High time for a more positive blog note after all that ranting. I’d like to share a drawing I made in high school when I was 12. We were supposed to draw our hobbies and to somehow connect them all. It was an big assignment, and I can remember being intimidated, as I had/have zero drawing skills, which was further pummeled below zero by the lovely teacher’s remarks.
Oh wait, no ranting. Right. It was a lovely experience! It was deemed good enough by my parents to decorate the living wall for ten years, next to my sisters' much more talented creations. She ended up studying how to draw. I ended up studying what I drew.
I’ll leave it as an exercise to the reader to try and decypher the exact contents. Here’s a tip: DN stands for Duke Nukem. The snakey bits are supposed to be spaghetti and was my half-baked attempt to wire things together.
Not much changed, really. Ten years ago, I redid the exercise, this time using a collection of tactile objects instead of drawing. Ample glue on a torn piece of paper tablecloth did the trick, although with the absence of a glass front panel, it sure is a dust collector. I don’t mind.
The Magic: the Gathering cards are partially destroyed because I decided to glue in a genuine Game Boy cartridge—after re-discovering retro games and being in shock on cartridge prices, I quickly salvaged that one to put back in the collection.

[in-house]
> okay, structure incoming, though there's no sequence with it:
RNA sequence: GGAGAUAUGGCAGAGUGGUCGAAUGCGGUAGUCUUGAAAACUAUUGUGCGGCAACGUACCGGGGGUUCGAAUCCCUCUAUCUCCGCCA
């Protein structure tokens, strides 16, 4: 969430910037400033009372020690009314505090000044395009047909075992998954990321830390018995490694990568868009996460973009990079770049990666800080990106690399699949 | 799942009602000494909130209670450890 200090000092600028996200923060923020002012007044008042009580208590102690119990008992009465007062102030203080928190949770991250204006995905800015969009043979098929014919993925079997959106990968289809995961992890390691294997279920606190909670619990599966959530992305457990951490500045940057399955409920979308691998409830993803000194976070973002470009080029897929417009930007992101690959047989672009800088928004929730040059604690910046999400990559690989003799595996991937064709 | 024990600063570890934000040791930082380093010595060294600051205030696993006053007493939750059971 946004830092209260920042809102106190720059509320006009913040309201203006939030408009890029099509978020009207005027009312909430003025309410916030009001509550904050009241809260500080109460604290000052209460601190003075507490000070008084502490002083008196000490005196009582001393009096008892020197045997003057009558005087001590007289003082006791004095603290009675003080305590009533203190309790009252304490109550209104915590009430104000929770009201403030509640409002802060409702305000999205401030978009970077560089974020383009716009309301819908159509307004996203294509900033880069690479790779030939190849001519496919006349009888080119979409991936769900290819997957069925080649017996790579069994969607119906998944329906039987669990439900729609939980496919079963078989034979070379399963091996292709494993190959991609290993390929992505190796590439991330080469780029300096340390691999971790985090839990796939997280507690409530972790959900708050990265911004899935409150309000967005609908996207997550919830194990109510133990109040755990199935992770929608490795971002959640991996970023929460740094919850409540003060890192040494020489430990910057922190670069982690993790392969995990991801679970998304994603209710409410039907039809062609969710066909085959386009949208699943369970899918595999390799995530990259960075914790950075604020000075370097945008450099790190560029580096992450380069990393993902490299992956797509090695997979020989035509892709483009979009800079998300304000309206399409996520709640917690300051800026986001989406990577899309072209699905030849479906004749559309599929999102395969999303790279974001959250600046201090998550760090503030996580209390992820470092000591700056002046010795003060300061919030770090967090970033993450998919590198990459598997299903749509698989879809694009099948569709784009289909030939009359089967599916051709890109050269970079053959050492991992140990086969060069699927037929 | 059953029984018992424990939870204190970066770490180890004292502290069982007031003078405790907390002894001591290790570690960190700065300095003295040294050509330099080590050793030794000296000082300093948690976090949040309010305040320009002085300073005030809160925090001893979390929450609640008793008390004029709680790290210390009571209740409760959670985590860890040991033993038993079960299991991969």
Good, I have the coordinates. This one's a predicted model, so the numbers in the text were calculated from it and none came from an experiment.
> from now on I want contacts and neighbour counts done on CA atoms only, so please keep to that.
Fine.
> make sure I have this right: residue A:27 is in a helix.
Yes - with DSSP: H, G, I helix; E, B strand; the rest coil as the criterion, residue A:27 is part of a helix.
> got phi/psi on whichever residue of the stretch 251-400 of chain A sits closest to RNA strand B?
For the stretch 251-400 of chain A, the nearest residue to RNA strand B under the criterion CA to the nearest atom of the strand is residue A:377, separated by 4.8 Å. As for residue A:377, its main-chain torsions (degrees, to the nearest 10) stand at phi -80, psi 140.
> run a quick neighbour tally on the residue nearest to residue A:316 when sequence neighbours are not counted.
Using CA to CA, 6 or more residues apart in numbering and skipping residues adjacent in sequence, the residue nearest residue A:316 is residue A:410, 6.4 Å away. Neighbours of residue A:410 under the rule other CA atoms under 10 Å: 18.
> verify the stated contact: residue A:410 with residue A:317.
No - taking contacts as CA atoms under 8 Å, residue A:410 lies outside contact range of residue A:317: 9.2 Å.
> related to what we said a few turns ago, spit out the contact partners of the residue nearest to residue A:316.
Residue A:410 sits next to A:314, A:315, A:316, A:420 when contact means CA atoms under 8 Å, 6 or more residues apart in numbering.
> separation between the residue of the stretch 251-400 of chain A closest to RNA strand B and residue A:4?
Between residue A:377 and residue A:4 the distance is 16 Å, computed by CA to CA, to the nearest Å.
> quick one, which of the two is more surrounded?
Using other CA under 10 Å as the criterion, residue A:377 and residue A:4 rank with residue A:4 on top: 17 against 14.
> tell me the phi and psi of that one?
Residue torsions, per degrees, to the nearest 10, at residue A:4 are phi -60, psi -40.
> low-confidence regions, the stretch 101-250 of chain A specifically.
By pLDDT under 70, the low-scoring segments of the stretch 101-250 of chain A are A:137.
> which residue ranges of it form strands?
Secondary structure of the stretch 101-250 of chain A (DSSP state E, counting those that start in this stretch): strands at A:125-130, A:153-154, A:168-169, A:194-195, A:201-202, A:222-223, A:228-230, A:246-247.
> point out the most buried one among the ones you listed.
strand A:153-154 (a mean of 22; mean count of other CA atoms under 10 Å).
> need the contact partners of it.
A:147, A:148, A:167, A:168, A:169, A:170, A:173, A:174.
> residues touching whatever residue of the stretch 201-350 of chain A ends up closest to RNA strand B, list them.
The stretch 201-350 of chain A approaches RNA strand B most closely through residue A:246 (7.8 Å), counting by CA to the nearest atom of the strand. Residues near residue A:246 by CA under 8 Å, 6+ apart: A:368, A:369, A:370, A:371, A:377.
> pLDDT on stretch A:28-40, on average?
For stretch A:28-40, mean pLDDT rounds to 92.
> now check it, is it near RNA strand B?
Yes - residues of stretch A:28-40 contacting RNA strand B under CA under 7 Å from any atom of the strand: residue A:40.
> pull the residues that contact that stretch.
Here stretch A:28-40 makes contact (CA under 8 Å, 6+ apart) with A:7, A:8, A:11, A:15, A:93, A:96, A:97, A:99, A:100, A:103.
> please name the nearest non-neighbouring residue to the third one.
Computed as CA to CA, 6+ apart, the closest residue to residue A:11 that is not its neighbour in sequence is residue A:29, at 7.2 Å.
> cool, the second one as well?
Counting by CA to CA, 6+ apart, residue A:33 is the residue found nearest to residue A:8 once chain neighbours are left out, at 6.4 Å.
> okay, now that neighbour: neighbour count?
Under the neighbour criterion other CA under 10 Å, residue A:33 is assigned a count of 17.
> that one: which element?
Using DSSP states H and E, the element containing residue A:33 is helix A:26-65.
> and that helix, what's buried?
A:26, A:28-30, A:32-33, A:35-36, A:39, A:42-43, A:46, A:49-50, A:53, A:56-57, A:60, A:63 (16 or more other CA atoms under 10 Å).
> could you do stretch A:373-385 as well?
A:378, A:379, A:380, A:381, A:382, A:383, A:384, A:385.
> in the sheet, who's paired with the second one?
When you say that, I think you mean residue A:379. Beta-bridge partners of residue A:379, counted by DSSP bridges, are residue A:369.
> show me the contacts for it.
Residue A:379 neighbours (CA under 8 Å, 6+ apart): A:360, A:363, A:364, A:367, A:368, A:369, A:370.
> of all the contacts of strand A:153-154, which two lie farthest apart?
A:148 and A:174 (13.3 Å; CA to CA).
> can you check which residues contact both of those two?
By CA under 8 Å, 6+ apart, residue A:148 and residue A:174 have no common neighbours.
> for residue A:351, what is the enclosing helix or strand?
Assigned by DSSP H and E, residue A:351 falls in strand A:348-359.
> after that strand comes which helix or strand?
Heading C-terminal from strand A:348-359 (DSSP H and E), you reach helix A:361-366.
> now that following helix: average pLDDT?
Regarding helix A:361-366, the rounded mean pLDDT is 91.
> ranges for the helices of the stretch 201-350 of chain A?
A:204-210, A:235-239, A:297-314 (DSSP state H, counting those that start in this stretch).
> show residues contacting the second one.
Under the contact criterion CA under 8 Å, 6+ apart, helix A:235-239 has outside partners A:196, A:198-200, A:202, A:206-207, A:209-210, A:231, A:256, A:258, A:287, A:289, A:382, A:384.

What changed over the years and what didn’t? The light bulb and the pen are two things that are very much contemporary me, that my older me had no clue about. The same is true for the code behind the old glasses (I haven’t got a clue as to what language that is, PHP or Python?) and of course the home made slice of sourdough bread. Be sure to spritz a generous amount of hair spray on it to prevent molds from setting in.
I believe the sea snail shell hides a fluff of cat hair. No worries, that was done on purpose! A few dried roses broke off, or I might have used them in a teapot, who knows. Apart from that and the bygone smell of the cinnamon, everything still holds up remarkably well.
Flow Magazine regularly publishes a feature called Museum of Me in which an interviewee’s 10 or so emotionally relevant items are neatly positioned and photographed. I love reading about others' museums. This is not a cabinet of curiosities, which traditionally was created to showcase weird and interesting findings. Those cabinets were used to show off, not to show what it is to be you.
Perhaps it is time to create another mood board. I wonder what again might change. If you feel unsure about yourself, or just a bit down lately, I highly recommend creating a mood board. I loved piecing it together and both boards now proudly decorate my home office wall.